Etgar 36

Los Angeles Day 1

– Ella Fried

We woke up in the bustling city of Vegas, walked through the “adult arcade” one last time, and boarded the bus to leave (some more begrudgingly than others). 

We stopped for lunch at our official Etgar restaurant, Chipotle (joke courtesy of Billy), among other options, then got back on the bus. When we saw the ocean approaching from the West, we knew that our bus driver Nikki had completed the incredible trek from East to West! 

We then met with Patrick Jones, a former member of the Republican Party. Our conversation juxtaposed yesterday’s conversation with Niger Innis, as Jones does not support former President Trump, and our discussion was more free-flowing and discussion-based. We discussed the importance of power within a political party and our views on religion in politics, among other issues that separate traditional conservatism from Trump in Jones’ perspective.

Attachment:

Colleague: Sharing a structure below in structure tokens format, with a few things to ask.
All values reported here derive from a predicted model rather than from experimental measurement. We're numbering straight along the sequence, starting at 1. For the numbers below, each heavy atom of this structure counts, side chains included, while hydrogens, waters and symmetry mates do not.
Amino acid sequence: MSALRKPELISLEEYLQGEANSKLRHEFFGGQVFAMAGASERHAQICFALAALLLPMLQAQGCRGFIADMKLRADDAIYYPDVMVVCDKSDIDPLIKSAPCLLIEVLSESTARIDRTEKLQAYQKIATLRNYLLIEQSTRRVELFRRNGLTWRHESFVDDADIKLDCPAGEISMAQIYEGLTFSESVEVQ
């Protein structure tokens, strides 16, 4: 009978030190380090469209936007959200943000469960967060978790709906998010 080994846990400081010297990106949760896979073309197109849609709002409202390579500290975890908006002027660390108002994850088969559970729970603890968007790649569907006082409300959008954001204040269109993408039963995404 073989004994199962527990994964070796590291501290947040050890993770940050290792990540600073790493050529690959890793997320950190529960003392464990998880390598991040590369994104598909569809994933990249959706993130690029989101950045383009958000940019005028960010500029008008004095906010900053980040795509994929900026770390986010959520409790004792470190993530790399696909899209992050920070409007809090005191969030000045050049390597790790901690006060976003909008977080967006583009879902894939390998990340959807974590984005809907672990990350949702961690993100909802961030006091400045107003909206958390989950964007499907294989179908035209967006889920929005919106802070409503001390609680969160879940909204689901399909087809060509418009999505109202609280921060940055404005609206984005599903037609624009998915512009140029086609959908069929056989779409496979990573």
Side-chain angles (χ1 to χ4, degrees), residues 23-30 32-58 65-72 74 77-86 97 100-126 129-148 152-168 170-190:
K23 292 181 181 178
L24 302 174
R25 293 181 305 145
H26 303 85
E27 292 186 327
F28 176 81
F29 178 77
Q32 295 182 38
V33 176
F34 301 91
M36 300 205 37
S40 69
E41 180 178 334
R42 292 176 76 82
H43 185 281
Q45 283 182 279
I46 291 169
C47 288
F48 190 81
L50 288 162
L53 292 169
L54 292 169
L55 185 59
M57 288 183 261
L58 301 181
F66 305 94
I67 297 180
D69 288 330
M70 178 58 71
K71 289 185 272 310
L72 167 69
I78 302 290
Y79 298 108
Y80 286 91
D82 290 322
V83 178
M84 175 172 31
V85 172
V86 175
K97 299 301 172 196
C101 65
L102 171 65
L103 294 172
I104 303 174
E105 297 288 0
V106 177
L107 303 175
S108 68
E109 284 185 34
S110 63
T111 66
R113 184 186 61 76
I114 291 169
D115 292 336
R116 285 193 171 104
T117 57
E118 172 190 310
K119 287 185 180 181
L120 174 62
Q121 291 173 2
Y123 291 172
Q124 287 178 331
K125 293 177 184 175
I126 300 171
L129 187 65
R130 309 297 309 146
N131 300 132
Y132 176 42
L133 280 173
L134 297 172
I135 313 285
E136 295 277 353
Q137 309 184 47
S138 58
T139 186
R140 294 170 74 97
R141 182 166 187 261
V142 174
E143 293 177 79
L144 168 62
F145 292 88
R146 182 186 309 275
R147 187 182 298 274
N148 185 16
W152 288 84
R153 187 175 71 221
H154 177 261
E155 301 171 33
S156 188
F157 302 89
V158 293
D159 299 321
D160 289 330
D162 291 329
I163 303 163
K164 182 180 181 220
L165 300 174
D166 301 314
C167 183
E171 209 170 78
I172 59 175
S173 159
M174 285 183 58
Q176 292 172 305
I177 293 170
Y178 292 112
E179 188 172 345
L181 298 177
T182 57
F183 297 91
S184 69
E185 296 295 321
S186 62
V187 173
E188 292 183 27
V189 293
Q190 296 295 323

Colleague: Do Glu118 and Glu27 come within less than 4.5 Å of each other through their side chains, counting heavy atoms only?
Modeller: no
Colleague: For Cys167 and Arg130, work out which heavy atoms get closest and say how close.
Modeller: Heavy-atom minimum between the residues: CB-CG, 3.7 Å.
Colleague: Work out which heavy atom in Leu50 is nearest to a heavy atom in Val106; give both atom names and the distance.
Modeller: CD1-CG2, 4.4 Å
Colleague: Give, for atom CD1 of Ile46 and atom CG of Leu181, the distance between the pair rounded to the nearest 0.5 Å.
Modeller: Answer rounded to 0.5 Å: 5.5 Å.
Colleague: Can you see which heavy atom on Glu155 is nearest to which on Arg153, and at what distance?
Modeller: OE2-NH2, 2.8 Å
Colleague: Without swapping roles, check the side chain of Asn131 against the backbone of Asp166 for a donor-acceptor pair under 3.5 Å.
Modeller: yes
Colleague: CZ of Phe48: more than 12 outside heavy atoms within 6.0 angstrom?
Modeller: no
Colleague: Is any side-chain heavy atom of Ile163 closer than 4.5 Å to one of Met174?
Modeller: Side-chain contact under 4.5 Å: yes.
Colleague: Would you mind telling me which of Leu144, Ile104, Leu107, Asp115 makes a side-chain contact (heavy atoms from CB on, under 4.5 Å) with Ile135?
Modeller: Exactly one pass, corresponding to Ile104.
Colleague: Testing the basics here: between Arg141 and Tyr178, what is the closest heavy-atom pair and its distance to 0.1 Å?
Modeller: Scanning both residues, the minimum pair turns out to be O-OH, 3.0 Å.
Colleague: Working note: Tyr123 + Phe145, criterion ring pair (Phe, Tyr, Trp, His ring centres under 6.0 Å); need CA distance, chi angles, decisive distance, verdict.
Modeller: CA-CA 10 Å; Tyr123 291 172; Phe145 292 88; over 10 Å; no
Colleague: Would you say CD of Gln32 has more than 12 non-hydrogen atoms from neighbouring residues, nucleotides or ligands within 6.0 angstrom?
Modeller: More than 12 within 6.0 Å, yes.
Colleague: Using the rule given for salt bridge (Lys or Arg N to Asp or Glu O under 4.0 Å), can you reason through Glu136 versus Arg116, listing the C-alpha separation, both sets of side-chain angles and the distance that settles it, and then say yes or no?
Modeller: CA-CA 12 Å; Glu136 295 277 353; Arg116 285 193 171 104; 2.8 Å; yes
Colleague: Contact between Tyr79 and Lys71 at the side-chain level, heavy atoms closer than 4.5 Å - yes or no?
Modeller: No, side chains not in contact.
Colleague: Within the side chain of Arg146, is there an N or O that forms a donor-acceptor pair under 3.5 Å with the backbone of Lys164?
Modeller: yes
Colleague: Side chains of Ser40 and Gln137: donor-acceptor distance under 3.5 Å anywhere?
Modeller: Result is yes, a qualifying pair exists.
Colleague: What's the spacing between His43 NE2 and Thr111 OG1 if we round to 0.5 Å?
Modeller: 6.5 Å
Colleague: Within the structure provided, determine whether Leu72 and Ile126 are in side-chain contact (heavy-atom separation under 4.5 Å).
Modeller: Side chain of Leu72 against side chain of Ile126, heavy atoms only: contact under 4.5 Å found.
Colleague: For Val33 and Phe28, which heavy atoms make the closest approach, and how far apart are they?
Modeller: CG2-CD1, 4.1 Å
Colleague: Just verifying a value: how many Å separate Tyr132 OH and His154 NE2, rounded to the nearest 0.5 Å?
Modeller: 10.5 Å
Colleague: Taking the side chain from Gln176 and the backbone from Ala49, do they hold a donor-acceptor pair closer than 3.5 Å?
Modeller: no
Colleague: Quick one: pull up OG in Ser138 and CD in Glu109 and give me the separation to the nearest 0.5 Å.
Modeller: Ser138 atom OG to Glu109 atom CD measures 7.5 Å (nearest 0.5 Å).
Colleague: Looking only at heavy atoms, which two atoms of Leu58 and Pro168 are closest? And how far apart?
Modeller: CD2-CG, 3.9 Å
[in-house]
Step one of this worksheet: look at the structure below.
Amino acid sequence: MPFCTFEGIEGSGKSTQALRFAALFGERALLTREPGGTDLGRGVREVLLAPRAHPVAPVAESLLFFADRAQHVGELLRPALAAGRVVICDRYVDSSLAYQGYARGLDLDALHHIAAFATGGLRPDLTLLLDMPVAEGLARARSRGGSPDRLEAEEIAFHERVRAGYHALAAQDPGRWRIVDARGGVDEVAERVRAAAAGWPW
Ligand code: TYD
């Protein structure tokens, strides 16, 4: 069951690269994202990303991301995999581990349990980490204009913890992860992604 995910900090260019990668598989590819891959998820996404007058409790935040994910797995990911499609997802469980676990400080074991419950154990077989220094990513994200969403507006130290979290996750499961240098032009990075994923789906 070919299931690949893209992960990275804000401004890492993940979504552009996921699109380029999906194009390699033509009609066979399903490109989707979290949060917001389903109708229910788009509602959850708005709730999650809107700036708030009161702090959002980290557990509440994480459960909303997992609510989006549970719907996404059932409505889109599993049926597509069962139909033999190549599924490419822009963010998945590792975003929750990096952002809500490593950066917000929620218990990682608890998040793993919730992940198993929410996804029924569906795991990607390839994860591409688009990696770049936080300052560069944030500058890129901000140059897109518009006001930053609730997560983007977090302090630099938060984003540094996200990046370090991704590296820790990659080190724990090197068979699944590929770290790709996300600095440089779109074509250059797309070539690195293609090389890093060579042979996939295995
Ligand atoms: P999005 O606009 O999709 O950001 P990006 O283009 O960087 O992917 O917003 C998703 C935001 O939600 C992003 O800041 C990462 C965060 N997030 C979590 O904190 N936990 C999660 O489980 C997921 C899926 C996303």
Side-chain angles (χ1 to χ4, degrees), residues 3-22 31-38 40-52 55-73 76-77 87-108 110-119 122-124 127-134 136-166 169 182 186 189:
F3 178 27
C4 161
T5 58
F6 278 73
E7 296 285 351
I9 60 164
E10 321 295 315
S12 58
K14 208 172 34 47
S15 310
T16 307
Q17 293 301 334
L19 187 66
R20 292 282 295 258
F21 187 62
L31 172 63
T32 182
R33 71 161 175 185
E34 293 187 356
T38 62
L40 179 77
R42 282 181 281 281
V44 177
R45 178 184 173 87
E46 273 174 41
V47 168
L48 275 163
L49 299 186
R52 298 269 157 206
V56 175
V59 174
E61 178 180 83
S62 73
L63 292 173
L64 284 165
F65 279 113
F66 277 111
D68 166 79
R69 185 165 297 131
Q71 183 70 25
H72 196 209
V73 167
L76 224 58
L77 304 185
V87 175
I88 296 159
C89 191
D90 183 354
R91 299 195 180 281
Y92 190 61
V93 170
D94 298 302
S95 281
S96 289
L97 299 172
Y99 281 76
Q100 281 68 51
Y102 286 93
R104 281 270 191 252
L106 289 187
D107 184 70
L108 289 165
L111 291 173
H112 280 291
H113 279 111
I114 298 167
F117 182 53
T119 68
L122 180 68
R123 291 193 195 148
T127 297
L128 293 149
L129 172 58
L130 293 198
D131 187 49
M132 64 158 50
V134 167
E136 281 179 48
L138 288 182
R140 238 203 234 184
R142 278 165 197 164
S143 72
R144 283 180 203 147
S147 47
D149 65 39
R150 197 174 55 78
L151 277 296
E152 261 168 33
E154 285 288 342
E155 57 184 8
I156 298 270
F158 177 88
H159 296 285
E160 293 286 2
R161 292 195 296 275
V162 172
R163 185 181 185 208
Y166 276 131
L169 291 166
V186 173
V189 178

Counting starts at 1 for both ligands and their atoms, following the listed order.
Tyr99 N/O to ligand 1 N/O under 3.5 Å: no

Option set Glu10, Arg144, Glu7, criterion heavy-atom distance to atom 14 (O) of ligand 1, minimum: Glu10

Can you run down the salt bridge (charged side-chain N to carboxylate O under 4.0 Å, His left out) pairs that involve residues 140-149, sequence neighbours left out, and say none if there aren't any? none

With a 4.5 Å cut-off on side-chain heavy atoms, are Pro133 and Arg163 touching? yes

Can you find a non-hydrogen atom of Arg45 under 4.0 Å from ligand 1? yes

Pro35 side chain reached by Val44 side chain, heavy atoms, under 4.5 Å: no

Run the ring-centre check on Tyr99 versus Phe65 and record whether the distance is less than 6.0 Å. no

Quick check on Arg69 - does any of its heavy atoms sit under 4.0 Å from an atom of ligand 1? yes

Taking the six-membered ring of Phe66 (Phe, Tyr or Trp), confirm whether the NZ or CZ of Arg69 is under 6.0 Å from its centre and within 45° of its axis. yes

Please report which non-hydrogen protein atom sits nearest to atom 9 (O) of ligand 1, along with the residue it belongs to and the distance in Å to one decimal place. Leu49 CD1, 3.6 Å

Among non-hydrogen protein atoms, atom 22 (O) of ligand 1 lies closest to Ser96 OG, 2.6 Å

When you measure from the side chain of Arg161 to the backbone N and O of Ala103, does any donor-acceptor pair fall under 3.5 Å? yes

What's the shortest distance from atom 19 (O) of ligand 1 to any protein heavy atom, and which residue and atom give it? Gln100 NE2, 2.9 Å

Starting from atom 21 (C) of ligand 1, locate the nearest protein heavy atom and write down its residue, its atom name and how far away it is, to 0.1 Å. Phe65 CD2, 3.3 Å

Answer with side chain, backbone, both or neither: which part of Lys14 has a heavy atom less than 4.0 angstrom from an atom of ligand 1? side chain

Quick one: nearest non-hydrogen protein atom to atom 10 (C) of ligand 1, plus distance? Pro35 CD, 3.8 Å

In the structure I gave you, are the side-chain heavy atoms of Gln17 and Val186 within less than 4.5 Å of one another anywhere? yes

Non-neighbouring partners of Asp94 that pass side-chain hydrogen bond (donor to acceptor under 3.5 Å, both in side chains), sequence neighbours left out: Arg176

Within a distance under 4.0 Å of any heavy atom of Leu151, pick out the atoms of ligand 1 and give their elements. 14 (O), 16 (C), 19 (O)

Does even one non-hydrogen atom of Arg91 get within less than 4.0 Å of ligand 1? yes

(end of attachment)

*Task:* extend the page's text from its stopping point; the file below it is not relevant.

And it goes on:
When I considered Jones’ views in parallel with Innis’, I gained a broader view of the Republican Party by understanding their beliefs, even though I disagreed with many of them. These conversations give me hope for the country because if we are able to respectfully talk to people with whom we disagree, with the intention of understanding each other, I believe that we can make true progress.

For dinner, we explored Fairfax, LA, and The Grove Farner’s Market, then immersed ourselves in the earth-shattering art of slam poetry. The honesty with which the poets told their stories about topics ranging from abuse to love seemed to capture the essence of Etgar in my mind, as the whole room was connected through a historical form of honest storytelling. 

From the first day, I felt that this was a supportive environment where I could communicate with vulnerability, learn continuously, and, as we say on Etgar, become comfortable with being uncomfortable. Our candid conversations about various topics throughout the trip have helped me fully embrace all of the complexities of life and of America, from the beauty of the Grand Canyon to the energy of Las Vegas. In short, these conversations, much like slam poetry, have made me feel whole.